Column: From Strange and Distant Shores: The Abominable Snowman (1957)

By Orrin Grey

The Abominable Snowman (1957). Director: Val Guest. Cast: Peter Cushing, Forrest Tucker. Country: England.

This month, I was asked to help organize Monster Awareness Month at Beyond Fiction. There are going to be posts about monsters in movies, books, comics, and everywhere else for the entire month of February, and there’s also going to be a monster movie a day. In honor of the occasion, I thought I’d turn this month’s From Strange & Distant Shores over to doing movies from the Monster Awareness list. I had some difficulty choosing a movie. I’ve already covered a plethora of Godzilla flicks on this column, and while I could’ve done Pan’s Labyrinth, I’ll be writing it up for the main Monster Awareness Month site (completing a hat trick wherein I earlier talked about Guillermo del Toro’s Cronos and The Devil’s Backbone, for Vampire Awareness Month and Ghost Appreciation Month, respectively). So, it was decided that I’d cover The Abominable Snowman this time out.

The Abominable Snowman is a bit of a cheat, since it’s in English. It was a relatively early horror outing by Hammer studios, who would become famous for their Gothic horror films with Christopher Lee and Peter Cushing (among others). It’s no secret that I’m a huge fan of Hammer’s horror output and The Abominable Snowman is a particular treat, though it bears little resemblance to the foreboding castles and heaving bosoms of their better-known fare.

Cushing plays Dr. John Rollason, a botanist on an expedition to the Himalayas, who joins up with an American adventurer played by Forrest Tucker to discover the elusive Abominable Snowman of the title. Together with a small group, and against the objections of Rollason’s wife, they trek up into the high valleys to search for proof.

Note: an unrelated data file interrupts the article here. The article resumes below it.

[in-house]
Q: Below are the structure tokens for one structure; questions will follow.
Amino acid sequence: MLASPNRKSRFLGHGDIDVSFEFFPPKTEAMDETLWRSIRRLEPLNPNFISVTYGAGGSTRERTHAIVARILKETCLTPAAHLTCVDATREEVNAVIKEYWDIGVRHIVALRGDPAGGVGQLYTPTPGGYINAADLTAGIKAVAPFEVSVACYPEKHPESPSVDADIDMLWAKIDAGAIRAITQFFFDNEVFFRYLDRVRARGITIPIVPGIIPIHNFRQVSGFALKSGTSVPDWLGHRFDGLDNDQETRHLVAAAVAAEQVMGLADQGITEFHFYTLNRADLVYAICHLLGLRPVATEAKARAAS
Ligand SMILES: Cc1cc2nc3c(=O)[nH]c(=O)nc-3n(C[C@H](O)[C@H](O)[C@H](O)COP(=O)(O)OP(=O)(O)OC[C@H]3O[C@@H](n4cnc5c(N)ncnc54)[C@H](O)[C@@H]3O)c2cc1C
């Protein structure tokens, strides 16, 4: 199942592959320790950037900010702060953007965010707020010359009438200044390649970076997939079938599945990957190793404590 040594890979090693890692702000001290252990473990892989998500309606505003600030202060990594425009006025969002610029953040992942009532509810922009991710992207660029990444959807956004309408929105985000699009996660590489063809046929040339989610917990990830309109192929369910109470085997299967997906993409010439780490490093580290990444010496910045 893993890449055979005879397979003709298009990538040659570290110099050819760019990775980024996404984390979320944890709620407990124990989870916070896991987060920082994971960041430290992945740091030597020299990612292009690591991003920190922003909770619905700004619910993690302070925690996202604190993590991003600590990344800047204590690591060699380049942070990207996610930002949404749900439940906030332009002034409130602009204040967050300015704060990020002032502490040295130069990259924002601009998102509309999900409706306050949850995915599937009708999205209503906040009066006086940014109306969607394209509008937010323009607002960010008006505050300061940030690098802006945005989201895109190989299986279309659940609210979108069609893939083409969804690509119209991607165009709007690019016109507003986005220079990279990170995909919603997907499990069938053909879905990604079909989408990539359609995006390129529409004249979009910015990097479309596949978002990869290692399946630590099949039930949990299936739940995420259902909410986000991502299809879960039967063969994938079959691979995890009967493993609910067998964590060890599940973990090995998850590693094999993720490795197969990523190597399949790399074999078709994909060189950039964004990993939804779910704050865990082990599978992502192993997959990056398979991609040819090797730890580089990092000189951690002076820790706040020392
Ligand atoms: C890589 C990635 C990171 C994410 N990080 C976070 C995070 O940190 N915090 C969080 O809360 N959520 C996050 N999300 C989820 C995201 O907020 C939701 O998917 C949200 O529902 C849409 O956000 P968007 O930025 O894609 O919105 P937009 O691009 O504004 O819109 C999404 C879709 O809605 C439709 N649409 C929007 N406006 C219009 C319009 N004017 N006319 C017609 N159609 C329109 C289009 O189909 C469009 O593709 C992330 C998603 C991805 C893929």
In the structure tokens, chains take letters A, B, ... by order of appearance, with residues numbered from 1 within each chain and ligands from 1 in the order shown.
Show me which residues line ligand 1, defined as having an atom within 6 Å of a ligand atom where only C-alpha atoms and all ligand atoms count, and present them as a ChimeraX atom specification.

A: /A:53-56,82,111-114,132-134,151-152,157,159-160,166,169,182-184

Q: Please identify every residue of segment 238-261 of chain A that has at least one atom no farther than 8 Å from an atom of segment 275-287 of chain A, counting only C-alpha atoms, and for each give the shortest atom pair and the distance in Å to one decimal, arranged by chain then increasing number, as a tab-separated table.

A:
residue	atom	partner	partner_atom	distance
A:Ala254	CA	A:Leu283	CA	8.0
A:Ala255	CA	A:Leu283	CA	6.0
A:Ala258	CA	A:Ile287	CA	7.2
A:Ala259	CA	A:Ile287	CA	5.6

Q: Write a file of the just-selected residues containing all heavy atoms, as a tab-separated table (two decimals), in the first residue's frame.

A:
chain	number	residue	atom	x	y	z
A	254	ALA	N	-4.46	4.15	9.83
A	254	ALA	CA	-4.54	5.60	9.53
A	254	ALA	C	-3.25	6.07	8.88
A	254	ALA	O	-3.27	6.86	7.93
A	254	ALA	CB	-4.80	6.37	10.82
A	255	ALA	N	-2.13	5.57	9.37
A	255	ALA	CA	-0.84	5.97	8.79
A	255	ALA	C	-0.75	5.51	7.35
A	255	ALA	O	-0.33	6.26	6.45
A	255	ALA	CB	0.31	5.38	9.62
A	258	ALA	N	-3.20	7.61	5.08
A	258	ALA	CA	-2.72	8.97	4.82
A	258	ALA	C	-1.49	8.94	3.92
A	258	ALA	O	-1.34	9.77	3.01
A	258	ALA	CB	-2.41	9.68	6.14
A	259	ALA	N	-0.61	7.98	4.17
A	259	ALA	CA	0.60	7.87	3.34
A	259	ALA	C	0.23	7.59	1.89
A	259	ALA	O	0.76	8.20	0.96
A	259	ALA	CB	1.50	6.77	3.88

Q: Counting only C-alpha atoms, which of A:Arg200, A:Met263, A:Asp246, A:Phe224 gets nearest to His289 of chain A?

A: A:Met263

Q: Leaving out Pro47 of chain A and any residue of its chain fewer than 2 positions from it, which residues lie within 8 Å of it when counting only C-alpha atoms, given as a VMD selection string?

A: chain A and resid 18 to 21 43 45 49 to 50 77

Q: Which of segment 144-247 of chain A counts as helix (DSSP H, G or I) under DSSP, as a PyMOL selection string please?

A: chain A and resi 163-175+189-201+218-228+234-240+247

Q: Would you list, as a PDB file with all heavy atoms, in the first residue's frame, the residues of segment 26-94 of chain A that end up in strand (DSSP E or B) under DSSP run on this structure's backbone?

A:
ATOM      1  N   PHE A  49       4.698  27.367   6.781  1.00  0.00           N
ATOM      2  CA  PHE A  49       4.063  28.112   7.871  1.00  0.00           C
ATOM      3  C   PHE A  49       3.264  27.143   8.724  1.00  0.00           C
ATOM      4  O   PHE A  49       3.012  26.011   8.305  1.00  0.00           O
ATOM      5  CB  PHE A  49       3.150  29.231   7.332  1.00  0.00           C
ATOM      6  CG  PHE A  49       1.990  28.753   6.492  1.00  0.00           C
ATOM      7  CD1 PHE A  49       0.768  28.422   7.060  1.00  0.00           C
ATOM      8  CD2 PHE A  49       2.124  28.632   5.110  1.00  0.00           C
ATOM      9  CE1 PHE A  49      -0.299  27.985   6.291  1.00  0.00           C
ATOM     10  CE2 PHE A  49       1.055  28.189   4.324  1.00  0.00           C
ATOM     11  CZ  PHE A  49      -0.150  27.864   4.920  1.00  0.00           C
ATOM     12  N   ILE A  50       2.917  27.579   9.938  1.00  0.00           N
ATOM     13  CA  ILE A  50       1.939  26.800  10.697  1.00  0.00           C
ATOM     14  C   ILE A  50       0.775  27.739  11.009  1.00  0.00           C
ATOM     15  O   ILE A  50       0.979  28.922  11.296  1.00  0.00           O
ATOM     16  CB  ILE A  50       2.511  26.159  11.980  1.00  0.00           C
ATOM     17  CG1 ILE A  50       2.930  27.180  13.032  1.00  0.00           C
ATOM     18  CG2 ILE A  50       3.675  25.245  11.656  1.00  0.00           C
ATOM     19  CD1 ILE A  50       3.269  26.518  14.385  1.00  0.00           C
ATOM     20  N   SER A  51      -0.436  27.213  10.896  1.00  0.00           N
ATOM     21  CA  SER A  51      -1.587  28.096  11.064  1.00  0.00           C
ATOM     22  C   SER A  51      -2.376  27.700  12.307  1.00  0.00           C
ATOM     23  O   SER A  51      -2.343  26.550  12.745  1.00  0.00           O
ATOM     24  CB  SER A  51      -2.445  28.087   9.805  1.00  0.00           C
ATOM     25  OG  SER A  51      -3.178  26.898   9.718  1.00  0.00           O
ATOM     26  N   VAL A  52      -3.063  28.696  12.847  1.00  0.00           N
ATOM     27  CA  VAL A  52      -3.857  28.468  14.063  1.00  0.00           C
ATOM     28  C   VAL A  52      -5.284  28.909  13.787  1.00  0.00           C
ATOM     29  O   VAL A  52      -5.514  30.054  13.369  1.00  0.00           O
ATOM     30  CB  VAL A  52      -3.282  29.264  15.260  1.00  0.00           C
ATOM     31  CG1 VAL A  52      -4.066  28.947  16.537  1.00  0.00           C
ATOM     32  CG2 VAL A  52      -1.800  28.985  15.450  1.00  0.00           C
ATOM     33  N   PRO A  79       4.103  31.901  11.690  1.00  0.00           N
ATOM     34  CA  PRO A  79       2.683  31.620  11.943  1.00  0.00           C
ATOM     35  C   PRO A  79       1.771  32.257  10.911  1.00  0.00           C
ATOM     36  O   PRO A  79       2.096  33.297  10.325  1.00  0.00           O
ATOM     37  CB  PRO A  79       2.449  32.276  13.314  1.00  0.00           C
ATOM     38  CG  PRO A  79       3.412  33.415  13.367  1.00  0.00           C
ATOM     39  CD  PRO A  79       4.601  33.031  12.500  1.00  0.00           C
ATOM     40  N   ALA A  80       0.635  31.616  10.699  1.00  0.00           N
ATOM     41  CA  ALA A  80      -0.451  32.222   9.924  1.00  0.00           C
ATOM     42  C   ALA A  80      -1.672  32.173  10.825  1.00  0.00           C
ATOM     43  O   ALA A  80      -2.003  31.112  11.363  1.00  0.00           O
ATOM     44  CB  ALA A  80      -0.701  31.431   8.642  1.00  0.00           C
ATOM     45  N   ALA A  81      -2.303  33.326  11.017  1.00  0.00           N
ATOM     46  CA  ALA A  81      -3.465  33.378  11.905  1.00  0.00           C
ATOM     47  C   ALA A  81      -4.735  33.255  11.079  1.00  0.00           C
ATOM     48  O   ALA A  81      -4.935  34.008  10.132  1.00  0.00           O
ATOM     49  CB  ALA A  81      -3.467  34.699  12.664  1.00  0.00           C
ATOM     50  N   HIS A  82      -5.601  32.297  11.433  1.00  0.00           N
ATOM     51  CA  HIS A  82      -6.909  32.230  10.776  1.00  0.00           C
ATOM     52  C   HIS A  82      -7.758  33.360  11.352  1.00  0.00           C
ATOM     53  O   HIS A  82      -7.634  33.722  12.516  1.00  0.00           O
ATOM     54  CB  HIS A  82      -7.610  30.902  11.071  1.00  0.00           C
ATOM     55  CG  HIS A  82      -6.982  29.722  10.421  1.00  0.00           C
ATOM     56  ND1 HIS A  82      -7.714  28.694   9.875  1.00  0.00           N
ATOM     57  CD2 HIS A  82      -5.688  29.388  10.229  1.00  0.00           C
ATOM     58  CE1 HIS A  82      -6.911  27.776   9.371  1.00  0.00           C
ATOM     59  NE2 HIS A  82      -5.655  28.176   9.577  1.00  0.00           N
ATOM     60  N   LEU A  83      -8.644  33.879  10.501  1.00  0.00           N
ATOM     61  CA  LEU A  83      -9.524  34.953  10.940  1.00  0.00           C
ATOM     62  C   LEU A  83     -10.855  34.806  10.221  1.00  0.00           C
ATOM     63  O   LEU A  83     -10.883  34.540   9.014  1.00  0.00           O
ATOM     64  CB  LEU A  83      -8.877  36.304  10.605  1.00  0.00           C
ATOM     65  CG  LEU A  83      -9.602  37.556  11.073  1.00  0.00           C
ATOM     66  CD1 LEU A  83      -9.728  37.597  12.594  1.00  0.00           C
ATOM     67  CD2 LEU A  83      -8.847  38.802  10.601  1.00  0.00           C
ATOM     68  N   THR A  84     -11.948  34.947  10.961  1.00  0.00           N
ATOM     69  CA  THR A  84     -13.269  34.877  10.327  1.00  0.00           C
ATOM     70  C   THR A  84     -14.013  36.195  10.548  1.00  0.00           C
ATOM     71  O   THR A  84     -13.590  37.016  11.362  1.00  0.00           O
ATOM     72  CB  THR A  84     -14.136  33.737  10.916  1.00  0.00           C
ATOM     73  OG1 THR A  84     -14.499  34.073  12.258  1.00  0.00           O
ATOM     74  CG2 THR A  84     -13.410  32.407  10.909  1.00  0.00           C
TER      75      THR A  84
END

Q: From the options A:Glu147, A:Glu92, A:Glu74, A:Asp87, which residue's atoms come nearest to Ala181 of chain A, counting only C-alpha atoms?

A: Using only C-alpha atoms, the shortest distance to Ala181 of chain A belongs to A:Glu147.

Of course, once they’re up there, things begin to go wrong, and weather, paranoia, and betrayal take their toll on the party. I’ve seen complaints that The Abominable Snowman is too “talky”, and certainly, it’s something of a slow burn, considering its running time, but it’s also a pretty eerie movie. Exchanging the usual Gothic trappings of a Hammer film (which were really not yet established as “usual”) for the barrenness of the Himalayan mountains, the film does a good job of capturing the isolation and, eventually, desperation of the group. For a movie about hulking man-monsters, The Abominable Snowman is remarkably restrained, subtle and classy, and definitely an often-overlooked star in the Hammer horror constellation. It helps that Cushing and Tucker both do an excellent job of bringing their characters to life.

Also, on a personal note, as a huge fan of Mike Mignola’s Hellboy universe, I am always on the lookout for places where he may have gotten inspiration in old films. This one is an unexpected font of them. Not only are some of the interior shots of the monastery reminiscent of Mignola’s art style, but the Yetis themselves resemble (both visually, somewhat, and thematically, moreso) those that have recently made their appearance in the B.P.R.D. and Lobster Johnson comics. Plus, what Mignola enthusiast could hear the Lhama’s hints of “a race of super-intelligent beings who will take over the world when humanity has destroyed itself” and not think of Mignola’s comic book universe?

The Abominable Snowman is available from

Bio: Orrin Grey is a skeleton who likes monsters. His stories of cursed books, mad monks and ominous paintings have appeared in Bound for Evil, Delicate Toxins, and, of course, at Innsmouth Free Press, among other places. He can be found online at